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Jharkhand, India: Social learning on conservation agriculture in smallholder rainfed systems

March 26, 2013

Jharkhand-IndiaOn 13 March 2013, a social learning exercise was organized jointly by Birsa Agricultural University (BAU) and CIMMYT under the aegis of an IFAD supported “Sustainable Intensification of Maize-livestock Farming Systems in Hill Areas of South Asia” project. Multi-stakeholders gathered at a conservation agriculture (CA) based platform at a BAU research farm. AK Singh (Government of Jharkhand principal agriculture secretary) graced the event as the chief guest, and MP Pandey (BAU vice-chancellor) chaired the meeting. Other key participants included JS Chaudhary (State Agricultural Management and Extension Training Institute (SAMETI) director), Ranjit Singh (Soil Conservation director, Government of Jharkhand), DK Singh Drone (BAU research director), and other officials, scientists, Jharkhand Government development agents, representatives from BAU, Krishi Vigyan Kendras (district level extension and training centers), NGOs, and private sector, seed-fertilizer dealers, and 62 selected innovative farmers from Ranchi, Gumla, and Khunti districts. All participants joined the event to share their experiences with CA-based crop management technologies in rainfed smallholder systems of Jharkhand.

CIMMYT senior cropping system agronomist ML Jat highlighted the key CA-based crop management technologies currently being developed and adapted under the IFAD project. “These technologies are contributing to sustainable intensification in smallholder rainfed systems of Jharkhand,” explained Jat, as a range of relevant CA machinery was demonstrated to the participants. “CA-based management technologies have shown a tremendous potential for arresting land degradation,” noted Pandey during the field interactions. “Integrating genotypes and management practices is the way towards sustainable intensification of Jharkhand farming, as the cropping intensity in the state is merely 115%,” he added. Watching the demonstrations and hearing about farmers’ experiences, AK Singh was impressed with the CAbased crop management technologies and their relevance to Jharkhand farmers. He appreciated CIMMYT’s efforts in this area and noted that it is necessary to “establish more public-private partnerships to disseminate the technologies for the benefit of their end-users.” He then stated that it would be great to “see the collaborative work between the State Agriculture Department, SAMETI, Agriculture Technology Management Agency (ATMA), and CIMMYT to be replicated in 500 villages of Jharkhand.”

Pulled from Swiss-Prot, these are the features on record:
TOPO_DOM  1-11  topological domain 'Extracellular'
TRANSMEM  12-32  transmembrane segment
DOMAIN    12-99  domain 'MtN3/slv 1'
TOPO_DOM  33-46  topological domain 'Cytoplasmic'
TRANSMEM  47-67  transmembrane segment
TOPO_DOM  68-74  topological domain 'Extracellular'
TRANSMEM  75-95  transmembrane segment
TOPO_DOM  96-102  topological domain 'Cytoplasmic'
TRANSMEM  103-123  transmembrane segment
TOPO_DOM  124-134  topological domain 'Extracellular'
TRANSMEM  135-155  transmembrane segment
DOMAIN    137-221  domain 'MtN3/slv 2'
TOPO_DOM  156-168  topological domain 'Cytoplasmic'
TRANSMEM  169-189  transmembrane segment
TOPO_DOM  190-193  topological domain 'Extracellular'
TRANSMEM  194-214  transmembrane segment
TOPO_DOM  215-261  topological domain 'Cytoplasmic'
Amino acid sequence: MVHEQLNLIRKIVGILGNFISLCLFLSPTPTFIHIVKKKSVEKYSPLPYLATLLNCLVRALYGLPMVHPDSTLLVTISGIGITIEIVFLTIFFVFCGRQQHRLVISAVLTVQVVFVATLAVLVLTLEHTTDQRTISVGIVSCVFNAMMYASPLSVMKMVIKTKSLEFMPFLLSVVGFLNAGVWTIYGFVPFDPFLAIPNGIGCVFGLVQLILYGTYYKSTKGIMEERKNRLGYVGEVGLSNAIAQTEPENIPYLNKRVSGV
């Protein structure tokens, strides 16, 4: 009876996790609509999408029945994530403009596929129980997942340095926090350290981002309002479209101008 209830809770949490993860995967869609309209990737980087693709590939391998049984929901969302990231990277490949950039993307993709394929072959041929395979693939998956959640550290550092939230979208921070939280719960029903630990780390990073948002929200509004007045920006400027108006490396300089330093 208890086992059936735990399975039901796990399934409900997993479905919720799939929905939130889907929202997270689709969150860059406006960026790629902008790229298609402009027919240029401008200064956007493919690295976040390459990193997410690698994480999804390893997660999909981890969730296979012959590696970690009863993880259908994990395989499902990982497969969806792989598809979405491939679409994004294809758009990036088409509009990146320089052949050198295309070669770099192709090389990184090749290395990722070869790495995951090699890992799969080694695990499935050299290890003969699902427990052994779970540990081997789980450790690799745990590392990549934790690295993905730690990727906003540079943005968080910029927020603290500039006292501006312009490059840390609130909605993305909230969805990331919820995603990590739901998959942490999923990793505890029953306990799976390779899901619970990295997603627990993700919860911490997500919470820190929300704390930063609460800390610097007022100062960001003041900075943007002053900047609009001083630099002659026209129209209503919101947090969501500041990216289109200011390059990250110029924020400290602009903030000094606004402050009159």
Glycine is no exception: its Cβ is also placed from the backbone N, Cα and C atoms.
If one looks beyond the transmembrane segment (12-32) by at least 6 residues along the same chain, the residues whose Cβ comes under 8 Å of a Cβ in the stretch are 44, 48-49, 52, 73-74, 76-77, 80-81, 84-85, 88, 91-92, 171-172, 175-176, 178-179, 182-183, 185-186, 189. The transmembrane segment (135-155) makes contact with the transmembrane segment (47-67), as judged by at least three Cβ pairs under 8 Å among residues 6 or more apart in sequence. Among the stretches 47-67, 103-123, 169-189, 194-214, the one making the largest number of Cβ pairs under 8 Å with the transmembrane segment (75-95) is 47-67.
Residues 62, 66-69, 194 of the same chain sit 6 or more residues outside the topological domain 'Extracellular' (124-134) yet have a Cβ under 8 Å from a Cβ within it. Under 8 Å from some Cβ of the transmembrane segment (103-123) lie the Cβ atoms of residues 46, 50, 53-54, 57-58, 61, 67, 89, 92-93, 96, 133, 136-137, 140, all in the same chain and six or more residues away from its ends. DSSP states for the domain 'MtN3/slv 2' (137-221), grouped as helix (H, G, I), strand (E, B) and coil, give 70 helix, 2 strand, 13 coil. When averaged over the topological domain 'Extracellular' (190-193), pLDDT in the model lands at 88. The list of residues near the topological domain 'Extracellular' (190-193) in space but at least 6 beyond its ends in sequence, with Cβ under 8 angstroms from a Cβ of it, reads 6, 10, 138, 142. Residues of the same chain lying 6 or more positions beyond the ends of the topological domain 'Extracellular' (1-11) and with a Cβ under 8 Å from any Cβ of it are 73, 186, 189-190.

Jharkhand-India2The project aims to conduct farmer participatory trials to eventually achieve mass adoption in the villages of Jharkhand. As the awareness of the project’s successes increases, so does the demand for CA technology. “Local machine manufacturers are encouraged to come forward to assemble and fabricate CA machines adapted to local farmers’ needs,” AK Singh reassured the participants. Further assurance on efficient dissemination of the knowledge and technology among farmers was provided by Chaudhary: “SAMETI utilizes a strong grassroots network of ATMA at district and block levels.” Recognizing the potential of CIMMYT and its dedication to the case, Chaudhary expressed his wish to work more closely with CIMMYT: “With your expertise, we could more efficiently train district and block levels agricultural official s and extension agents, and thus contribute towards state level extension mechanism enrichment.”

The field day, organized and attended by experts on diverse subjects willing to share their expertise, managed to bring about extensive promotion of CA-based methods.


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